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IN MEMORIAM: David Dinkins, New York’s First and Only Black Mayor, Dies at 93

The inaugural ride of the Second Avenue Subway was led by Governor Andrew M. Cuomo on December 31, 2016. Among those in attendance were former Mayor David N. Dinkins and Veronique "Ronnie" Hakim, President of MTA New York City Transit. On the night of November 23rd, David Dinkins succumbed to natural causes at his home on Manhattan’s Upper East Side.

By Lauren Victoria Burke, NNPA Newswire Correspondent

David Dinkins was the stuff of political legend in New York’s Harlem. From 1990 to 1993, Dinkins served as the 106th Mayor of the largest city in America — New York. Dinkins was a historic figure as the first African American to hold the office. He often referred to the city as “a gorgeous mosaic.”

Dinkins was part of Harlem’s Democratic Party machine that dominated politics from the late 60s and into the 1990s. He was part of a power base that was made up of businessman Percy Sutton, New York State Assemblyman Herman “Denny” Farrell, attorney Basil Paterson, and Congressman Charles Rangel.

Dinkins won an Assembly seat, was appointed City Clerk and served as Manhattan Borough President before being elected Mayor of New York. Dinkins was one of fifty Black investors who helped Percy Sutton found Inner City Broadcasting Corporation in 1971. Sutton also invested in The Amsterdam News.

Dinkins was viewed as a compromise candidate during a time of turmoil in New York. Elected a year after the infamous 1989 “Central Park jogger” incident that led to the wrongful convictions of five Black and Hispanic boys, Dinkins proved to be a cautious and stoic figure who was a competent caretaker of the city, including its many fiscal, social and political challenges. Dinkins’ administration followed that of one of New York City’s most storied politicians, Ed Koch.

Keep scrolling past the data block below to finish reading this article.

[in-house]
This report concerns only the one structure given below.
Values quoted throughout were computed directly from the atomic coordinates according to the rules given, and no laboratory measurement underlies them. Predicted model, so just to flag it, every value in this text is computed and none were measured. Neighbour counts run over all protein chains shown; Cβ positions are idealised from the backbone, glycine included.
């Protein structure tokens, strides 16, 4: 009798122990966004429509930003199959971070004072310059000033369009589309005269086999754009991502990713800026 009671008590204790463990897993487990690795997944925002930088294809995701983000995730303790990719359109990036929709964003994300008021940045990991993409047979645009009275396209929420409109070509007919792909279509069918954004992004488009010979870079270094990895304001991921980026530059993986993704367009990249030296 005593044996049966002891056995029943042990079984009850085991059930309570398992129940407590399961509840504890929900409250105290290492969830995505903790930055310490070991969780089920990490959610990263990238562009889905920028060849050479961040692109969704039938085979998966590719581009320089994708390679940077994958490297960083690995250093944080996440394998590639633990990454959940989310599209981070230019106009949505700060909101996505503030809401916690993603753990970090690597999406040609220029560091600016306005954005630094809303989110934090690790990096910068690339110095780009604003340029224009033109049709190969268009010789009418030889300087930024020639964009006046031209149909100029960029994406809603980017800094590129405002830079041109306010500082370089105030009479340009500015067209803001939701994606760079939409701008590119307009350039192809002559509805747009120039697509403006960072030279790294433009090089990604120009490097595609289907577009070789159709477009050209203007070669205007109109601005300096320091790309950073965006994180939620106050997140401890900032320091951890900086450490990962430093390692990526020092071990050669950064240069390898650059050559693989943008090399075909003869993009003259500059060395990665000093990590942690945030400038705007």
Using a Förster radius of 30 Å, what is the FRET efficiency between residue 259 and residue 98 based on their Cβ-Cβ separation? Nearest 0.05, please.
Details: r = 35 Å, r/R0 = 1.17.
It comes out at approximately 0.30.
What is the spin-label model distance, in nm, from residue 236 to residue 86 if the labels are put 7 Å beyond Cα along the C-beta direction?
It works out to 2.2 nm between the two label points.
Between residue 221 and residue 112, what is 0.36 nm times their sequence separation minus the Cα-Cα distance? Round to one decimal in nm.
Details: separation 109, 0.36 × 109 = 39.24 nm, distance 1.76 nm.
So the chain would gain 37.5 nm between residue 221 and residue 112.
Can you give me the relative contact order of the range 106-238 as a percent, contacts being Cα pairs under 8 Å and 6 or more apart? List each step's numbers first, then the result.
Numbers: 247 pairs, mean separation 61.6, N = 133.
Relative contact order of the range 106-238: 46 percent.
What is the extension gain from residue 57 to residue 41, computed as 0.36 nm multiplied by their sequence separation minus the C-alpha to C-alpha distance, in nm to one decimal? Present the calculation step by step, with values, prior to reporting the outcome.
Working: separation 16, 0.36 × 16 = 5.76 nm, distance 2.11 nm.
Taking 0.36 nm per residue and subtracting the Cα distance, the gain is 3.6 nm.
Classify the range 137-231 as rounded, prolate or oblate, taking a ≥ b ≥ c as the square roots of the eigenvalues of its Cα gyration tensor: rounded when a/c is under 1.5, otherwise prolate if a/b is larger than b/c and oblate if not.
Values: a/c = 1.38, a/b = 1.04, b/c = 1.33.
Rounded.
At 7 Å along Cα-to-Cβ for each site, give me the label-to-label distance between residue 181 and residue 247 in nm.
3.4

Following violence in the Crown Heights section of Brooklyn that many believed was not handled well by Dinkins, he lost his bid for re-election.

Dinkins was a member of the 20,000 strong Montford Point Marines and served in the Marines from 1945–1946. In 1956 he earned a law degree from Brooklyn Law School. He graduated cum laude from Howard University.

On the night of November 23rd, David Dinkins succumbed to natural causes at his home on Manhattan’s Upper East Side. His death follows the recent passing of his wife Joyce, who died at their home on October 12th. Joyce Dinkins was 89.

The former Mayor is survived by their two children, David N. Dinkins Jr. and Donna Dinkins Hoggard.

Lauren Victoria Burke is an independent journalist for NNPA and the host of the podcast BURKEFILE. She is also a political strategist as Principal of Win Digital Media LLC. She may be contacted at and on twitter at @LVBurke

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